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It’s in their DNA: Pandemic recovery lessons from family businesses




COVID-19 has hit businesses hard in all parts of the world, forcing companies to make changes and adapt quickly. Some failed, others barely survived, but there is one type of businesses that fared better than others: family businesses, writes Graham Paul.

The numbers still show the devastating operational environment that these businesses were operating in. According to a KPMG report which surveyed over 3,000 family businesses of varying sizes between June and October 2020, 69% of these saw their revenue decrease, 22% stayed the same, whilst 9% managed to grow. These businesses reduced their workforce by 8.56%, faring better than non-family businesses which saw a decrease of 10.24%.

According to the report, this outperformance is set to continue, and family businesses will “likely remain in the driver’s seat of the [global] economic recovery and provide important leadership for others to follow”.


This is in some measure due to the very DNA of family businesses which build resilience, with factors like their entrepreneurial origins, the emotional commitment of their governing bodies and interests in legacy all playing a major role. The crisis triggered their survivability instincts and allowed most of them to survive the worst of the pandemic.

During this turbulent economic period, family businesses embraced business transformation, with 42% of family businesses being more likely to deploy a business transformation strategy than non-family firms.

Some of this innovation was supported by EU and government stimulus initiatives. France announced a €100 billion ($121bn) recovery plan in September 2020. This was boosted by the European Union’s six-year, €672.5bn ($814bn) Recovery and Resilience facility announced in February 2021. An estimated 76% of family businesses globally accessed some form of government subsidies or other forms of financial support.

In the Gulf, where the family business model is particularly prevalent, the government of the United Arab Emirates created a Virtual Labour Market. This initiative allowed companies forced to let employees go to register their details, while businesses seeking to employ non-Emirati workers would post their vacancies. This facilitated the rapid expansion and contraction of family businesses as necessary to their immediate and long-term survival during the pandemic, particularly as government restrictions on external travel fluctuated.

This was not an entirely selfless act by governments. According to the Family Firm Institute, family enterprises constitute around two-thirds of all businesses around the world, generate approximately 70-90% of annual global GDP, and create 50-80% of jobs in the majority of countries worldwide.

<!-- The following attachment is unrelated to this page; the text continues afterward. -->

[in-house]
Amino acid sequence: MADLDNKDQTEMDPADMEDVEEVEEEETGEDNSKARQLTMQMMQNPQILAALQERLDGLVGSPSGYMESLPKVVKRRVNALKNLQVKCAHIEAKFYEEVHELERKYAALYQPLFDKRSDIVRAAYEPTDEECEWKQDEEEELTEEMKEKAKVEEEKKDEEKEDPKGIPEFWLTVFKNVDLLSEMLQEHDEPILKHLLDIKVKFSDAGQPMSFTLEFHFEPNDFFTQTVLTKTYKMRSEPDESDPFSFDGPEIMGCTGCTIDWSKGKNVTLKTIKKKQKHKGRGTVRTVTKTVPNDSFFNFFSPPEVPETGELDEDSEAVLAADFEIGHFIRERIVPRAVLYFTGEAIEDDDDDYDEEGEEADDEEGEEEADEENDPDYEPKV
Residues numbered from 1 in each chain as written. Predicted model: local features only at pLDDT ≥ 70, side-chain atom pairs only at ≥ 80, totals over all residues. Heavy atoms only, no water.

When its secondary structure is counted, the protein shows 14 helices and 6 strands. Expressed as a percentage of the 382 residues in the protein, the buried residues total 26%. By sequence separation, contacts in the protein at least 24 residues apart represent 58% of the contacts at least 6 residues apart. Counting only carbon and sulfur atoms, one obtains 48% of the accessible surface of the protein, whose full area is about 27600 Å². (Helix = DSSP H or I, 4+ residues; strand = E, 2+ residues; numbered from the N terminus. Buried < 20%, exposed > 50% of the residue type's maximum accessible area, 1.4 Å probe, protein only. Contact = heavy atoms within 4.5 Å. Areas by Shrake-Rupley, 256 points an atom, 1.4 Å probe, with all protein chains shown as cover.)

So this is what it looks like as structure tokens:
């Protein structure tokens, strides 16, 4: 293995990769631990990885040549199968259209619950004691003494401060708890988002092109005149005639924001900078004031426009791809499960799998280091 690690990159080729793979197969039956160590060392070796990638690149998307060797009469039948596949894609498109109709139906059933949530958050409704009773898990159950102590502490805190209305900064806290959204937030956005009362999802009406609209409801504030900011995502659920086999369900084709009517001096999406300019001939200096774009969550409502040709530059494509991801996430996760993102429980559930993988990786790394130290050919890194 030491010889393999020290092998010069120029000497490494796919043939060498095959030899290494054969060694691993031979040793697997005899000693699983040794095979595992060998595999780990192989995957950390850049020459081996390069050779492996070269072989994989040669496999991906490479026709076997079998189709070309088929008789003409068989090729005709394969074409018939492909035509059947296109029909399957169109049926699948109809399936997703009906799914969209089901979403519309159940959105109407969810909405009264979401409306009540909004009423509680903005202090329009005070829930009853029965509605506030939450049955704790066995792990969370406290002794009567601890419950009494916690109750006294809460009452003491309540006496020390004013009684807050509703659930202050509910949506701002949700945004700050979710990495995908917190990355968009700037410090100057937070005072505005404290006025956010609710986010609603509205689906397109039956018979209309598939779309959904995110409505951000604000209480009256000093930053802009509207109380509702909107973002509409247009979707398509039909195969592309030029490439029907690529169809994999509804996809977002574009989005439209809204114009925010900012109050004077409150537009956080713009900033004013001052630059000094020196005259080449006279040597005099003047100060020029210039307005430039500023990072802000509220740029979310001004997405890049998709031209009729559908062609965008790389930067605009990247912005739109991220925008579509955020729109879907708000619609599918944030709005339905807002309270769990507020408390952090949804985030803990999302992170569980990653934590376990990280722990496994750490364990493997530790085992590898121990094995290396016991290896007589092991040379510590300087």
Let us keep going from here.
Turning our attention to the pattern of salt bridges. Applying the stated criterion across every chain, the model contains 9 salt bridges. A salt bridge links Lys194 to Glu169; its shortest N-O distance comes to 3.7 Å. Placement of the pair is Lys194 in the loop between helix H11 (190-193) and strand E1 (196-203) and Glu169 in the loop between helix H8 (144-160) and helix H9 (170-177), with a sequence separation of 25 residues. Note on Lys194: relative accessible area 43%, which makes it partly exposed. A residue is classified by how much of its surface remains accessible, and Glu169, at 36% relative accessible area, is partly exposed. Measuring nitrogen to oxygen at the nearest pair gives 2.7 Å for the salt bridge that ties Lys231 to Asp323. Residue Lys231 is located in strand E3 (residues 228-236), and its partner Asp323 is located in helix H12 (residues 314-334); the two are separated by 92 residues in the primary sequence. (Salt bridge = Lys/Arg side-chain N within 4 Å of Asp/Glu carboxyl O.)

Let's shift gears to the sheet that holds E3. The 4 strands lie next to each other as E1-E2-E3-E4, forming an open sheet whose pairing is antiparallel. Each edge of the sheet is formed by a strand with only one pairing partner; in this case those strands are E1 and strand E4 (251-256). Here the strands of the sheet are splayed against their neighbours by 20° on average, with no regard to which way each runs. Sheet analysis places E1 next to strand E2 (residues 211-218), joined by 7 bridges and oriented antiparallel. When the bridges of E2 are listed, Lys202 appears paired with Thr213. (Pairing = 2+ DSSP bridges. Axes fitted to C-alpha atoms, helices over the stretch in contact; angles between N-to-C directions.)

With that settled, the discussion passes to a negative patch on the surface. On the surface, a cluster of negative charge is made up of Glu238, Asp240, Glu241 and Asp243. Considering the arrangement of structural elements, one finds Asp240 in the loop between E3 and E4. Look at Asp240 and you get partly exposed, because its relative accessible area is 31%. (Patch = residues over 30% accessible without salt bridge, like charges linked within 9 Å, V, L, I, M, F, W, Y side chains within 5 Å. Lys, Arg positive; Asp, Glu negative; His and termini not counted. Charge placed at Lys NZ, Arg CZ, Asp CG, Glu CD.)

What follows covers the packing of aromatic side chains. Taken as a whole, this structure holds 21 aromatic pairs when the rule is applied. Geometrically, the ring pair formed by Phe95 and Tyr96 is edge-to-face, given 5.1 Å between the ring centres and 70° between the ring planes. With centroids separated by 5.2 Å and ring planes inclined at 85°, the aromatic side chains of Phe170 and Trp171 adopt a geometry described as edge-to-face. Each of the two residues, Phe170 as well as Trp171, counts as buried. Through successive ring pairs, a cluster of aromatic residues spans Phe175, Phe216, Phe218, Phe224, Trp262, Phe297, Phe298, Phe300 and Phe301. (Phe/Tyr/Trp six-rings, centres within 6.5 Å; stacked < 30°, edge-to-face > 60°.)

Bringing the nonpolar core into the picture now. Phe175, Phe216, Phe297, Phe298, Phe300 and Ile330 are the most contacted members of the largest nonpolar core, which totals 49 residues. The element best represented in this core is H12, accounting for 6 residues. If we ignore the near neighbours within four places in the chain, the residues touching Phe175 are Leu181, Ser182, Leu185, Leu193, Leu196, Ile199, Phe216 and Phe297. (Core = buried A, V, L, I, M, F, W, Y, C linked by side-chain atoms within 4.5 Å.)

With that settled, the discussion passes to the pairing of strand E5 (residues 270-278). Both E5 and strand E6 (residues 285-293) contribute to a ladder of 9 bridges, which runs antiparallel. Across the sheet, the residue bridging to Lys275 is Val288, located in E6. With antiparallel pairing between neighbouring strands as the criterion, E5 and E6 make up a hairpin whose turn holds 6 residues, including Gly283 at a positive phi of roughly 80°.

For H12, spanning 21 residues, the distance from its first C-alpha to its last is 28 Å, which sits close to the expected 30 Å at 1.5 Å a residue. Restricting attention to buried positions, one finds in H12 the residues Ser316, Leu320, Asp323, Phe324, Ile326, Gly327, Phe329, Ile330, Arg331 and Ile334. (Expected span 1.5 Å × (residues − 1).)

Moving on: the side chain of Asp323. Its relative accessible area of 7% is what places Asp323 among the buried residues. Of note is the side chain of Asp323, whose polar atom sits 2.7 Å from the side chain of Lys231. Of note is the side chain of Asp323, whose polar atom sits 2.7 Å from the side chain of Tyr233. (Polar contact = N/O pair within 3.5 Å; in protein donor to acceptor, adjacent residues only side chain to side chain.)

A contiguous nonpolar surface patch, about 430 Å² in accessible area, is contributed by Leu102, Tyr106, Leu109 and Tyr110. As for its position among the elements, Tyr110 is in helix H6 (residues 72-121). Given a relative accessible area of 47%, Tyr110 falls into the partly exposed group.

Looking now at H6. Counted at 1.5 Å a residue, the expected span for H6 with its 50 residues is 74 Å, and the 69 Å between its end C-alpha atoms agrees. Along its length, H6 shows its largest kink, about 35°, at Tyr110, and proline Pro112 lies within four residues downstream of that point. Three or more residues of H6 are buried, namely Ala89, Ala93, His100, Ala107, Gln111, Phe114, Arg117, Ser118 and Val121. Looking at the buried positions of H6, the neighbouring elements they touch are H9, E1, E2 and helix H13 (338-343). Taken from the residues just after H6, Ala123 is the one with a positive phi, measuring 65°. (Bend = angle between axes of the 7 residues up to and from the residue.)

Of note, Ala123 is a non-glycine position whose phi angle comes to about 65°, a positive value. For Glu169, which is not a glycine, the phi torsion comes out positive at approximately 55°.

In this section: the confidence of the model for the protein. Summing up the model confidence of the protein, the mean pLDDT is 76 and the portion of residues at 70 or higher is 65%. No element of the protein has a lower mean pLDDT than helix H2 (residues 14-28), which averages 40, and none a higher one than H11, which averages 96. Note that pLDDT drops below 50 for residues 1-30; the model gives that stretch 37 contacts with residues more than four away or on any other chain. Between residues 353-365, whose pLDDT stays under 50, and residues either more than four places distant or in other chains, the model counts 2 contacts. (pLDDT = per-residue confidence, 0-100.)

This is particularly the case in the Gulf region. “I do not think it is an exaggeration to say that the economic prosperity of the GCC rests on the success of its family businesses,” said Omar Alghanim, chairman of the Family Business Council – Gulf (FBC-G), in an interview with Arabian Business.

Alghanim founded FBC-G seven years ago as a support mechanism for family businesses, through networking, resources, and educational programs with a focus on supporting the development of the Gulf region. These mechanisms have been a huge contributor to recovery from the pandemic not just for the businesses, but for GCC states themselves.

The FBCG supports family businesses by working with policymakers and governments and the entrepreneurial Alghanim, who hails from a family business himself, sees a real opportunity in the current uncertainty.

“This is an opportune time to collaborate strategically with policymakers to not only support the continuity of family businesses but also to drive their overall transformation,” says Alghanim.

Last year the FBCG was busy at work establishing partnerships such as its Memorandum of Understanding with the Dubai Chamber of Commerce to collaborate on research, education and raising awareness of the changing needs of family business in Dubai.

More initiatives like this could be a saviour for the region which saw youth unemployment reach 30% in the past year – double the global average.

As Europe struggles through the next steps in its COVID recovery process it would do well to look to initiatives such as this to support the longevity of its family businesses.

Whatever the challenges, it seems that family businesses, especially multi-generational ones, are better at overcoming difficult times creating more resilient economies. Family businesses that are supported now will continue to apply the same resilience and entrepreneurship to tomorrow’s challenges.